It is frequently offered as evidence of our atomised society that a group of people at a gathering rarely know a song in common, and will end up stumbling through a watery version of 'Jingle Bells' when called on to sing a song. How much better it would be if the group could perform, in a chorus of air guitar, the extravagant solo from 'Hotel California'. Almost everyone would know it, for no band has more wholly captured the easy listening hearts of the Western world than the Eagles.
The chattering classes love to loathe the country-rock mega band that from 1972 to 1980 brought us such classics as 'Tequila Sunrise' and 'Life in the Fast Lane'. In this Researcher's years as a (sometimes closet) fan, it's been discovered that the Eagles are a powerful, polarising force. Although many people will lunge for the 'off' button at the first soulful wink of 'Lying Eyes', others will joyfully crank up the volume, intoning nasally along with every line. A simple Masonic-type test to discover a follow Eagles-lover is to drop casually into the conversation the phrase 'He was a hot headed man...' If the response comes, perhaps hushed, even whispered, '... he was brutally handsome/she was terminally pretty', you'll know you've found a soul mate.
As in the Bible or the works of Shakespeare, every nuance of human experience finds expression in the Eagles' twangy oeuvre. From the seedy decadence of 'Mirrors on the ceiling/Pink champagne on ice' to the simple beauty of 'I wanna sleep with you in the desert tonight', or the historical realism of 'James Dean, James Dean/Bought it sight unseen' to the poignant tragedy of 'Desperado', every human emotion felt by a sensitive redneck has been put into words by these harmonising home-on-the-range boys.
The Love Affair Begins
The Eagles were the preserve of those young men and women known now as 'bogans', then as 'bodgies'. They could readily be identified by their dress: tight black Levis for the guys, with grey padded zip-up shoes for nightclubbing; 'bubblegum' jeans and crochet moccasins for the girls.
Whether you're stealing them, driving them fast, or having sex in their back seats, cars are a vital part of the bodgie lifestyle. From 'Take It Easy': 'It's a girl my lord/In a flat bed Ford' to the sustained highway imagery of 'Life in the Fast Lane', motor vehicles and the Eagles are inextricably linked.
It's not really surprising to find that the members of the Eagles epitomised bodgie values. If you haven't read Marc Eliot's To the Limit: The Untold Story of the Eagles, you probably don't realise that the band members were part of a close-knit circle of LA musos known as 'The Avocado Mafia'. Yes, one word from 'Don' Henley, and you were guacamole. Other little-known gems include the fact that guitarist Joe Walsh once carved 'Party Till Ya Puke' into a painting; and the revelation that Glenn Frey's nostrils were surgically reconstructed with Teflon to mend the ravages of a rampant cocaine habit. And you thought only the music had a non-stick surface.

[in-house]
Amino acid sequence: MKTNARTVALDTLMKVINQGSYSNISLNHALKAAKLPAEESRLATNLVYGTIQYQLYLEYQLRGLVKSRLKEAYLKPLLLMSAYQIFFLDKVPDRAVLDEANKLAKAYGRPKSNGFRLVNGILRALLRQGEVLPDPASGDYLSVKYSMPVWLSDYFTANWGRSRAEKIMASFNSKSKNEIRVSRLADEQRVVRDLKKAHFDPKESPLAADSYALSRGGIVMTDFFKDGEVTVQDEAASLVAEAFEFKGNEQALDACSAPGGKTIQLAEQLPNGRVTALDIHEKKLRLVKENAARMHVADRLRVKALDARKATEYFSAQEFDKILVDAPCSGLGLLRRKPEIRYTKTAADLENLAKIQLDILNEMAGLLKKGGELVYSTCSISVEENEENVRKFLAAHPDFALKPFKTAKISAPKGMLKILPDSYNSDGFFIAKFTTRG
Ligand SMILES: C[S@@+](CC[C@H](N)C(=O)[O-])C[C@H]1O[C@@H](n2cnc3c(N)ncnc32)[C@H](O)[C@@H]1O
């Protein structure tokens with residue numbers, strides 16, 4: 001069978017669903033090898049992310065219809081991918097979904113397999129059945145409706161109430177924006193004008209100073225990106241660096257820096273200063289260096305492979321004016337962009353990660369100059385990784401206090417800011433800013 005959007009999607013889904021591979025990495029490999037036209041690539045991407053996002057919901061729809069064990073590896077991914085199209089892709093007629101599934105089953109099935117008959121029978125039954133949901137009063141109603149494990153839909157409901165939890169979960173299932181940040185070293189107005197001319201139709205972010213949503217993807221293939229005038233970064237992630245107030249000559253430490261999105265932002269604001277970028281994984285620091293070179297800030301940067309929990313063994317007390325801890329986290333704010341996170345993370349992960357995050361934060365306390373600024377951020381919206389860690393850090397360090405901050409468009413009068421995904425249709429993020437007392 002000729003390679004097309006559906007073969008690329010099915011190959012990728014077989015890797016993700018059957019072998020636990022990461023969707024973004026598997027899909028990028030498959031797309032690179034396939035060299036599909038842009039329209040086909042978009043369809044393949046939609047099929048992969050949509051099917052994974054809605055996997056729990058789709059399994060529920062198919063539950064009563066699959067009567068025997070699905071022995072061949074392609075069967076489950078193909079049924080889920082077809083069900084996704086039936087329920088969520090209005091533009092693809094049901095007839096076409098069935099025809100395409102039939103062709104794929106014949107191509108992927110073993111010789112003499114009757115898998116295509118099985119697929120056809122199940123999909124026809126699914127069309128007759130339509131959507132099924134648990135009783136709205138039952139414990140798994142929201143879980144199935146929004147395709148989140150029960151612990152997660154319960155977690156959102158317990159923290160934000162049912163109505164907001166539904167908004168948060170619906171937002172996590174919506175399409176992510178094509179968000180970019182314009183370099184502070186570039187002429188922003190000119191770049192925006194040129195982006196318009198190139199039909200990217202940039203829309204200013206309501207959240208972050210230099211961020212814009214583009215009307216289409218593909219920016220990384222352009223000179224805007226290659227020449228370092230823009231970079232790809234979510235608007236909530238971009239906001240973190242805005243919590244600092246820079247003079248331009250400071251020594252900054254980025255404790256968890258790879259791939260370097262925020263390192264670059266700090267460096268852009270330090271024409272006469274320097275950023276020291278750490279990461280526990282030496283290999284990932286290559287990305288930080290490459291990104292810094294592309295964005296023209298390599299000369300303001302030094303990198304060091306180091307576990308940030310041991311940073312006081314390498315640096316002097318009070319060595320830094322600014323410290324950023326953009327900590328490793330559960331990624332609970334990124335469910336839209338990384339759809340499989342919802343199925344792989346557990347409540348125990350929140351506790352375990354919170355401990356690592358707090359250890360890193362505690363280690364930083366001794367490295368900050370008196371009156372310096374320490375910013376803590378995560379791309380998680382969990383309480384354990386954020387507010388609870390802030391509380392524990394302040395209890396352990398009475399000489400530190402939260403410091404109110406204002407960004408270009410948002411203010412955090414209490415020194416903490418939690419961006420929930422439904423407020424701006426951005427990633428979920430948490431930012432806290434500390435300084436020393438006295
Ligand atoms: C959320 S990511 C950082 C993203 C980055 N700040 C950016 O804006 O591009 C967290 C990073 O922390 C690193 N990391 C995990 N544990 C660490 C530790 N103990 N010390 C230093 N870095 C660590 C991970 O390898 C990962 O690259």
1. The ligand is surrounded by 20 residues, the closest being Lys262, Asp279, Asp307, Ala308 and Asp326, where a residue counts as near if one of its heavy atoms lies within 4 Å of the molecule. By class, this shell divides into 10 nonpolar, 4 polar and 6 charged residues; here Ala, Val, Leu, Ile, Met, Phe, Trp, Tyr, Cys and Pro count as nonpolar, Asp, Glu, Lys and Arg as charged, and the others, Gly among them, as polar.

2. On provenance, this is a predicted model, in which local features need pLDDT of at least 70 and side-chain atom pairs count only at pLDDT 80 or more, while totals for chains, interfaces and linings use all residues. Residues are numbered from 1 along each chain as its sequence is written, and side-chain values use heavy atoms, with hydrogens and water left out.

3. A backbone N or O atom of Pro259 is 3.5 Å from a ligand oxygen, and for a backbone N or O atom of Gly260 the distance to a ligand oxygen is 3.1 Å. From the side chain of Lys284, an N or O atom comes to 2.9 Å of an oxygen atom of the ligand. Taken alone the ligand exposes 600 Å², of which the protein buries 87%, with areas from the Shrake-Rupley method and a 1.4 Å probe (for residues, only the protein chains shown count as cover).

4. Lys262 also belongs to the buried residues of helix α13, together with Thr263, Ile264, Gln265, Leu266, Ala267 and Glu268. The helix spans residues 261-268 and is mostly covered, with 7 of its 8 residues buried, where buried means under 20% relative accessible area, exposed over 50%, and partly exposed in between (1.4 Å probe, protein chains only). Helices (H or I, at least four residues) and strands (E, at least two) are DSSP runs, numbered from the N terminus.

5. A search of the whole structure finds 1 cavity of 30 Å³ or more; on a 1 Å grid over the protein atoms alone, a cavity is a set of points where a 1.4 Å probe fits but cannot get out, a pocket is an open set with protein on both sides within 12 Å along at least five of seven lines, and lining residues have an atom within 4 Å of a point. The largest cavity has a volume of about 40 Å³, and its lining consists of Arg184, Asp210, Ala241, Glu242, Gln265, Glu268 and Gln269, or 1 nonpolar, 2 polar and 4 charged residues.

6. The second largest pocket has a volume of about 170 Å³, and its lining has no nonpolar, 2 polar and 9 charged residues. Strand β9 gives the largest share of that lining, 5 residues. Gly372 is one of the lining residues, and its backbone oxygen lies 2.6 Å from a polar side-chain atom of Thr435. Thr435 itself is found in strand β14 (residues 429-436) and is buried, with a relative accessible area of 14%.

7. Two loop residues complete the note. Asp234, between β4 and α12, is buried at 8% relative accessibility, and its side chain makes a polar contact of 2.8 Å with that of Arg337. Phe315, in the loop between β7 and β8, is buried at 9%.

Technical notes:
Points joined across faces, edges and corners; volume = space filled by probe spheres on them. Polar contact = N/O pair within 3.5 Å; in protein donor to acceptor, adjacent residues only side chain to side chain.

Marc Eliot's bold linguistic adventure follows the Eagles 'from the first down-shift in the speed zone to the final grassy rev down memory lane'. With motoring analogies like that, he could almost be the missing Eagle. His prose rises to a poignant peak when he notes that 'no matter how fast they drove, they could never quite lose the reflection that tailed them in the rear-view: the image of their own heated youth, already exhausted by their high-speed, chrome-dipped, super-charged, and eternally conflicted souls'.
Hotel California: Best-known Track
'Hotel California' is undeniably the best-known Eagles track, although the version you're most likely to have heard lately is its resurrection by the Gypsy Kings. The Eagles' songs were anthems of belonging for a group of non-conformists who, like most young rebels, were obsessed with fitting in with each other.
And The Missing Song Lyric?
According to The Straight Dope, a website dedicated to dispelling urban myths and solving urban mysteries, the smell rising up through the air in Hotel California is that of colitas, the Spanish word for tails, or little buds. Yes, it's that 'Eau de' whiffed at parties and rock concerts. Whether you inhale or not, it smells like youth spirit, '70s style.